Introduction to Computer Networking

G. Leduc - INFO0010-4 and INFO0010-2 (ULg)

Last update : July 18th 2018

Second session guidelines available.

Information page for the programming assignment

This page is dedicated to materials and information about the programming assignment, split into two parts, to be realized in the context of the INFO0010-X course.

Students attending INFO0010-4 will have to develop the two parts of the assignment. They will work alone for the first part and in groups of two students for the second part.

Students attending INFO0010-2 will only develop the first part of the assignment and can work in groups of two students.

Second session

The schedule for the oral exam is not available yet.

Students who obtained a grade lower than 10/20 on their projects can resubmit them. The deadline is the 20th August via the submission platform. Guidelines of the first session still apply.



Java Sockets Slides about Socket programming in Java, including guidelines for the first part of the assignment.
Assignment #1 guidelines Guidelines for the first part of the assignment.
Feedback Feedback for the first part of the assignment.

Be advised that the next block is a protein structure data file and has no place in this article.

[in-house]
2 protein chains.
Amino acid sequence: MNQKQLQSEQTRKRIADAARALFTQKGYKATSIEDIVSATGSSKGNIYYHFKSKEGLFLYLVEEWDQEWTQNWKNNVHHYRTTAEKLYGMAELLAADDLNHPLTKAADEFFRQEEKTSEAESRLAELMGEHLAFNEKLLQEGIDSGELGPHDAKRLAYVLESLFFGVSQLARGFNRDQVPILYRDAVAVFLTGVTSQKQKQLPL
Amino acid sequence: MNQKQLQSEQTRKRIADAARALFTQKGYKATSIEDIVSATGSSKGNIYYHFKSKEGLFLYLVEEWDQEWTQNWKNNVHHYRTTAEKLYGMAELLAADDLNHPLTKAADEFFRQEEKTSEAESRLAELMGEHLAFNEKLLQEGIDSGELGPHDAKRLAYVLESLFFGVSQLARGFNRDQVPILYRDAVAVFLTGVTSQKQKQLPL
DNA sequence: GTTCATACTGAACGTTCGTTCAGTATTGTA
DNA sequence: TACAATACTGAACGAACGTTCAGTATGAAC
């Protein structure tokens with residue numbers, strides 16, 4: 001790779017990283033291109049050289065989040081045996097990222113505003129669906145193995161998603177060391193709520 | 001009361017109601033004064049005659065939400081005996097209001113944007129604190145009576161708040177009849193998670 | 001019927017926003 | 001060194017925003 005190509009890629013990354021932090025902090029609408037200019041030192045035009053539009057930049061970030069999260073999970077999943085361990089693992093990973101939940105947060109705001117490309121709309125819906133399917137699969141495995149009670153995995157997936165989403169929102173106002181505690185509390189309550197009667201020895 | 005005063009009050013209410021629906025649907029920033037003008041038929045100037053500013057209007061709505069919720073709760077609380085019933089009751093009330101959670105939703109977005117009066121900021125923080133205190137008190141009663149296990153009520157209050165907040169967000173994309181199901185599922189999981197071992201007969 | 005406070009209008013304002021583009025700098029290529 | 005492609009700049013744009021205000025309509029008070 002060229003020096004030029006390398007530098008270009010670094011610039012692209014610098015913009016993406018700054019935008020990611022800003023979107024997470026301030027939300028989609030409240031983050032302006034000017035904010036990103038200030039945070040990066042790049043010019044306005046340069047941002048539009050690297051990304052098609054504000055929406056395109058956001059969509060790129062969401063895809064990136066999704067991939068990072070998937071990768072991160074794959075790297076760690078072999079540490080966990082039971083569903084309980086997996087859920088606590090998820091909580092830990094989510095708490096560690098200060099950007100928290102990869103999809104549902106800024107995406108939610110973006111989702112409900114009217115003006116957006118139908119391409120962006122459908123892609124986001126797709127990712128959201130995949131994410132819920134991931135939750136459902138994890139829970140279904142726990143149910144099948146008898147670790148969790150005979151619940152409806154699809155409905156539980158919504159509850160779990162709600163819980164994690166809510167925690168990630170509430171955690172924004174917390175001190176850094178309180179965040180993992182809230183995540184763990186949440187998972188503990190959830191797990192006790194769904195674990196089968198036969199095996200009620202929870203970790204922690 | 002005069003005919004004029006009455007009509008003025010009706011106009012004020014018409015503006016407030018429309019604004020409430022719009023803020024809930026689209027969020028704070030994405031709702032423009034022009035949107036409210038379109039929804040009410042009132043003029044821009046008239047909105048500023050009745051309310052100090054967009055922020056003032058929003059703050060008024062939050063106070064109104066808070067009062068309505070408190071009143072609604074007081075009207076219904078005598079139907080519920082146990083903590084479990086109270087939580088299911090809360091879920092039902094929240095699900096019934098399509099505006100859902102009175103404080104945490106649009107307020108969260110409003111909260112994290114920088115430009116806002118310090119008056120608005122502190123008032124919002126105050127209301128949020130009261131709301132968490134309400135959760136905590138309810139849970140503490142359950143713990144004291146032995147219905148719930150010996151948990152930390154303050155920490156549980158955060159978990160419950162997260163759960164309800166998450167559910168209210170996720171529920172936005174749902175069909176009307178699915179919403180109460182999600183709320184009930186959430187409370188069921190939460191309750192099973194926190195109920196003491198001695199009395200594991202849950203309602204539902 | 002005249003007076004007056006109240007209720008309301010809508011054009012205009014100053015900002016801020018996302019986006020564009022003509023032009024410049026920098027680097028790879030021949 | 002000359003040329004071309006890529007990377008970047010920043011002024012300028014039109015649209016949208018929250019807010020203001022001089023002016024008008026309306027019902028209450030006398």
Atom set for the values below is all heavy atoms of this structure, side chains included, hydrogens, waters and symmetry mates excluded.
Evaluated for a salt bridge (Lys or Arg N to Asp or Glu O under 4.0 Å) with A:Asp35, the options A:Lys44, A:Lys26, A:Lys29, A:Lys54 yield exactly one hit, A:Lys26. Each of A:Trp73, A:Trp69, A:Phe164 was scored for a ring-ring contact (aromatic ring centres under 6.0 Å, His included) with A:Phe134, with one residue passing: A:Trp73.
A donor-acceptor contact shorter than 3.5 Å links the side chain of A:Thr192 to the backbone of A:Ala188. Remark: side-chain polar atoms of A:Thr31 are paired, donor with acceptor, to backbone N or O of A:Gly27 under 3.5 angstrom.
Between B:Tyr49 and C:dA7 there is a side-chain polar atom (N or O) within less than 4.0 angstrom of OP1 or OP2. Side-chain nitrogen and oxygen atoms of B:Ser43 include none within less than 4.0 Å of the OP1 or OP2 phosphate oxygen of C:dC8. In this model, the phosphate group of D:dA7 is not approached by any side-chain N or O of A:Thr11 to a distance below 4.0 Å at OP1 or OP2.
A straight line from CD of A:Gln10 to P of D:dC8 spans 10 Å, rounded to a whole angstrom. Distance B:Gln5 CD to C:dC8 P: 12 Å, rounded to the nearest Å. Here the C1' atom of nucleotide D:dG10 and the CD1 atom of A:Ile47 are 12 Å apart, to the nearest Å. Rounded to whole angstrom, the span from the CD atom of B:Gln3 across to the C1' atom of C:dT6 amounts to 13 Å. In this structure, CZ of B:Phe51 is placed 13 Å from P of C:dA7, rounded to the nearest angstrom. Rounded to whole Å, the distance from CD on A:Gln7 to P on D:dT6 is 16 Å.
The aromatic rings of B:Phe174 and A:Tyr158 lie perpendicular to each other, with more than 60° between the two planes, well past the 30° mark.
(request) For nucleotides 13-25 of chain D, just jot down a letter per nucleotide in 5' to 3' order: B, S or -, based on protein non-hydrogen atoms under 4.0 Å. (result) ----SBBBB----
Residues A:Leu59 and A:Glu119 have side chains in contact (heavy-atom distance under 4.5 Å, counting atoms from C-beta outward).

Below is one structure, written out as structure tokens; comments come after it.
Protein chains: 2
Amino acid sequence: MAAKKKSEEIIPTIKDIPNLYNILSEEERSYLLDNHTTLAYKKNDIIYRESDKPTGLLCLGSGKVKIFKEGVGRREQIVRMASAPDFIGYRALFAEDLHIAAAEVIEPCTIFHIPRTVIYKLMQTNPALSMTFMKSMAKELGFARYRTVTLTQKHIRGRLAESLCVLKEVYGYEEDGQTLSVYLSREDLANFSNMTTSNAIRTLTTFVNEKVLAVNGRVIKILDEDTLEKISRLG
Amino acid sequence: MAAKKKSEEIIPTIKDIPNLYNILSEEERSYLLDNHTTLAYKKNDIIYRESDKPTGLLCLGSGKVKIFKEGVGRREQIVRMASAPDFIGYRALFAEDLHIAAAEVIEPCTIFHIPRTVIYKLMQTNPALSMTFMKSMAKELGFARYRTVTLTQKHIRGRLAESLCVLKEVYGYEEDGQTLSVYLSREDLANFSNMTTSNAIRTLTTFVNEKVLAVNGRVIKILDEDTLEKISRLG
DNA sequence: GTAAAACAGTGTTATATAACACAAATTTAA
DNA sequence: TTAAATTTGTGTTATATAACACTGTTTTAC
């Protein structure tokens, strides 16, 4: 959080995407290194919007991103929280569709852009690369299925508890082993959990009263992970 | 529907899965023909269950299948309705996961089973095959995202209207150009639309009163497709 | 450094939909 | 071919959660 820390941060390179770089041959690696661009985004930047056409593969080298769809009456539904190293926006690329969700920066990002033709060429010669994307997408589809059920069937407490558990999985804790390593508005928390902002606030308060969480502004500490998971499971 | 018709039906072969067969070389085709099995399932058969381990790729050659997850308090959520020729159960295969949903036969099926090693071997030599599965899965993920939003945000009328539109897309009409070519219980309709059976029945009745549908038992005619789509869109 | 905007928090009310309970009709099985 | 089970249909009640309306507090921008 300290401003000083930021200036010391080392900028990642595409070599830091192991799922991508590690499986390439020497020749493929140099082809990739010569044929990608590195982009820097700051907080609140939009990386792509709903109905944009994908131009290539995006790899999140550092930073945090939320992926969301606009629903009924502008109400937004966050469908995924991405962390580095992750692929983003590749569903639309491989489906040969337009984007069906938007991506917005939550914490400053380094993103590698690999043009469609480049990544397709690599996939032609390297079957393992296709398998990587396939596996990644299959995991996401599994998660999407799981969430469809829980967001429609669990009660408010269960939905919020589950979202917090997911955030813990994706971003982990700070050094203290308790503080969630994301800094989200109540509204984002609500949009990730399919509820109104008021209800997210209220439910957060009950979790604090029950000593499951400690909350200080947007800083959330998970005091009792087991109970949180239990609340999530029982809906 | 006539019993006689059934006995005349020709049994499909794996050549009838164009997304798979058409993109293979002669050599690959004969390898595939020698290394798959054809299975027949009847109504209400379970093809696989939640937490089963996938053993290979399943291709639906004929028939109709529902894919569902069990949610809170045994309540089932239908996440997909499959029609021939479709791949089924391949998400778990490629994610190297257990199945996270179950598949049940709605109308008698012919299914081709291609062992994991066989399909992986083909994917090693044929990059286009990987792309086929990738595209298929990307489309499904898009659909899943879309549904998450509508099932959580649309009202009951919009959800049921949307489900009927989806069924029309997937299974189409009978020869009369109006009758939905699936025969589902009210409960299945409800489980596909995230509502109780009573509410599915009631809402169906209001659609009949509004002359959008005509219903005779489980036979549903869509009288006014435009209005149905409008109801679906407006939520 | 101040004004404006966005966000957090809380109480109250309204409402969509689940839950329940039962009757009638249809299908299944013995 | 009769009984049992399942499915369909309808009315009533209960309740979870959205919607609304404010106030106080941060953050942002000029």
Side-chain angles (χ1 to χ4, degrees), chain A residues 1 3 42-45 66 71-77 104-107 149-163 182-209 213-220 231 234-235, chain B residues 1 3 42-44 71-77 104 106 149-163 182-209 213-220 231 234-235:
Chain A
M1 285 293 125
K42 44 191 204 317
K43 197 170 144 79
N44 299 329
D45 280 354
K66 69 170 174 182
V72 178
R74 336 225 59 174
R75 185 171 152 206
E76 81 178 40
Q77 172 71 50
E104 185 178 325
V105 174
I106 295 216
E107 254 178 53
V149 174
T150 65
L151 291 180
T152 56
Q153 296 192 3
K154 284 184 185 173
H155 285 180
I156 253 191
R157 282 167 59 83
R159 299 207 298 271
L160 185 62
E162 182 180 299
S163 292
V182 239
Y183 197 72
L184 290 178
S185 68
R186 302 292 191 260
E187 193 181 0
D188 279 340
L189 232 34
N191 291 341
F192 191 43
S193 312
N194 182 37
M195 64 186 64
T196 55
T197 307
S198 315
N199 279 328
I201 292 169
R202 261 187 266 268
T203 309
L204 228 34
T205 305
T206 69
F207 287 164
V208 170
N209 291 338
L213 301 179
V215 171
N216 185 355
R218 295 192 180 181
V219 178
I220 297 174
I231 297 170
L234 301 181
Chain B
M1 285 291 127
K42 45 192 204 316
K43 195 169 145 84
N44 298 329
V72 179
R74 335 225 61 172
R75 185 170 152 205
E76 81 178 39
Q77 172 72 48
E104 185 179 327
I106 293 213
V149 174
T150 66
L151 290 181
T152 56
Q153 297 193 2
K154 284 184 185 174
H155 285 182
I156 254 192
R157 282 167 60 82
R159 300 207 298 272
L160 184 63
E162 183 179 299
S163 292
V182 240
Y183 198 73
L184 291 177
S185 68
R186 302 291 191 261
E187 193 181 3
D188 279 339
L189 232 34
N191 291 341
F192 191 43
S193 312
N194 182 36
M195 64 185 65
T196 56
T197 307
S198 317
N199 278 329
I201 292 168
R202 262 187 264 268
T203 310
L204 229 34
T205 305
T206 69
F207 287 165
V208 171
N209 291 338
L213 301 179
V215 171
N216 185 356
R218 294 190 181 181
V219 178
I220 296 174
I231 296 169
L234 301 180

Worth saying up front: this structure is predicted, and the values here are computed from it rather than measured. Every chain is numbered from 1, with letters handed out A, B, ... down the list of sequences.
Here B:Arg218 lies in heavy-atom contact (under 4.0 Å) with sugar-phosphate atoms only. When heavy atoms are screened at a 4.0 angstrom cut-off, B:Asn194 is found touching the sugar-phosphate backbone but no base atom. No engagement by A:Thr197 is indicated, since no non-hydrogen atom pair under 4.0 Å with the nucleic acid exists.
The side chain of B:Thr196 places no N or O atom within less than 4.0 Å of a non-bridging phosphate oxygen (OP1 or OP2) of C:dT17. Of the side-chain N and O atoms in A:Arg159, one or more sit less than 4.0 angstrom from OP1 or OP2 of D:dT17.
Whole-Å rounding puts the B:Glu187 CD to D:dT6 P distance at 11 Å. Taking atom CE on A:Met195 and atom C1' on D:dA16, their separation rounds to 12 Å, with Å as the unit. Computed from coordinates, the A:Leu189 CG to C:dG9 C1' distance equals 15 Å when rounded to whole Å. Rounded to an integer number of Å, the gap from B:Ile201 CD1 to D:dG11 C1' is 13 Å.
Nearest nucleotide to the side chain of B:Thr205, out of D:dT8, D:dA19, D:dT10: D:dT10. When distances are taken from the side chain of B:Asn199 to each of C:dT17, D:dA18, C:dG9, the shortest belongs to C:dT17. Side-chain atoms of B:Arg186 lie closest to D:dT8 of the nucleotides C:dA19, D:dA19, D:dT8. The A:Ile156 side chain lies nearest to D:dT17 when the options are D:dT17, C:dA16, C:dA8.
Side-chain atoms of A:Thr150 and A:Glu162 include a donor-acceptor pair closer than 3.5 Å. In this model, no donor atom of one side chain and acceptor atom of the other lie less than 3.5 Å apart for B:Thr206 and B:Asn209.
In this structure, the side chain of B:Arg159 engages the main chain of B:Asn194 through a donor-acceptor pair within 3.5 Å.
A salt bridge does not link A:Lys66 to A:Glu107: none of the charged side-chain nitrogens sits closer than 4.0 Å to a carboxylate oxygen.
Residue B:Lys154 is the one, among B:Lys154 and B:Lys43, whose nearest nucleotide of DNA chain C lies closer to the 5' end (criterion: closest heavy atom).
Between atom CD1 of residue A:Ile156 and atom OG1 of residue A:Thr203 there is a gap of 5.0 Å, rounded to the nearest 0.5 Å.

Guidelines #2 Slides with guidelines for the second part of the assignment.



Assignment #1 Statement for the first part of the assignment.
Hard deadline is March, 25th 2018

Frequently asked questions
How can I represent 10 or 11 (for the number of tries) when I only have 1 digit?
Don't mix up digits and bytes. This is a byte oriented protocol, each byte being able to represent a value between 0 and 255.
What does the flush() method actually do?
The flush() method does not exactly work as explained in the practical session. The flush() method ensures that, if any buffering occured at the application level, the data will immediately arrive at its destination (which, in this case would be the operating system). For instance, if you are using the BufferedOutputStream class, a write() does not ensure that the operating system will receive the corresponding system call. However, a flush() in the application can never force TCP to do anything, its action is only to force the application to call the underlying layer (the OS). If you really want to send data as soon as it is ready in the Socket, you should disable Nagle's algorithm, using Socket.setTcpNoDelay(true).
Assignment #2 Statement for the second part of the assignment.
Hard deadline is May, 13th 2018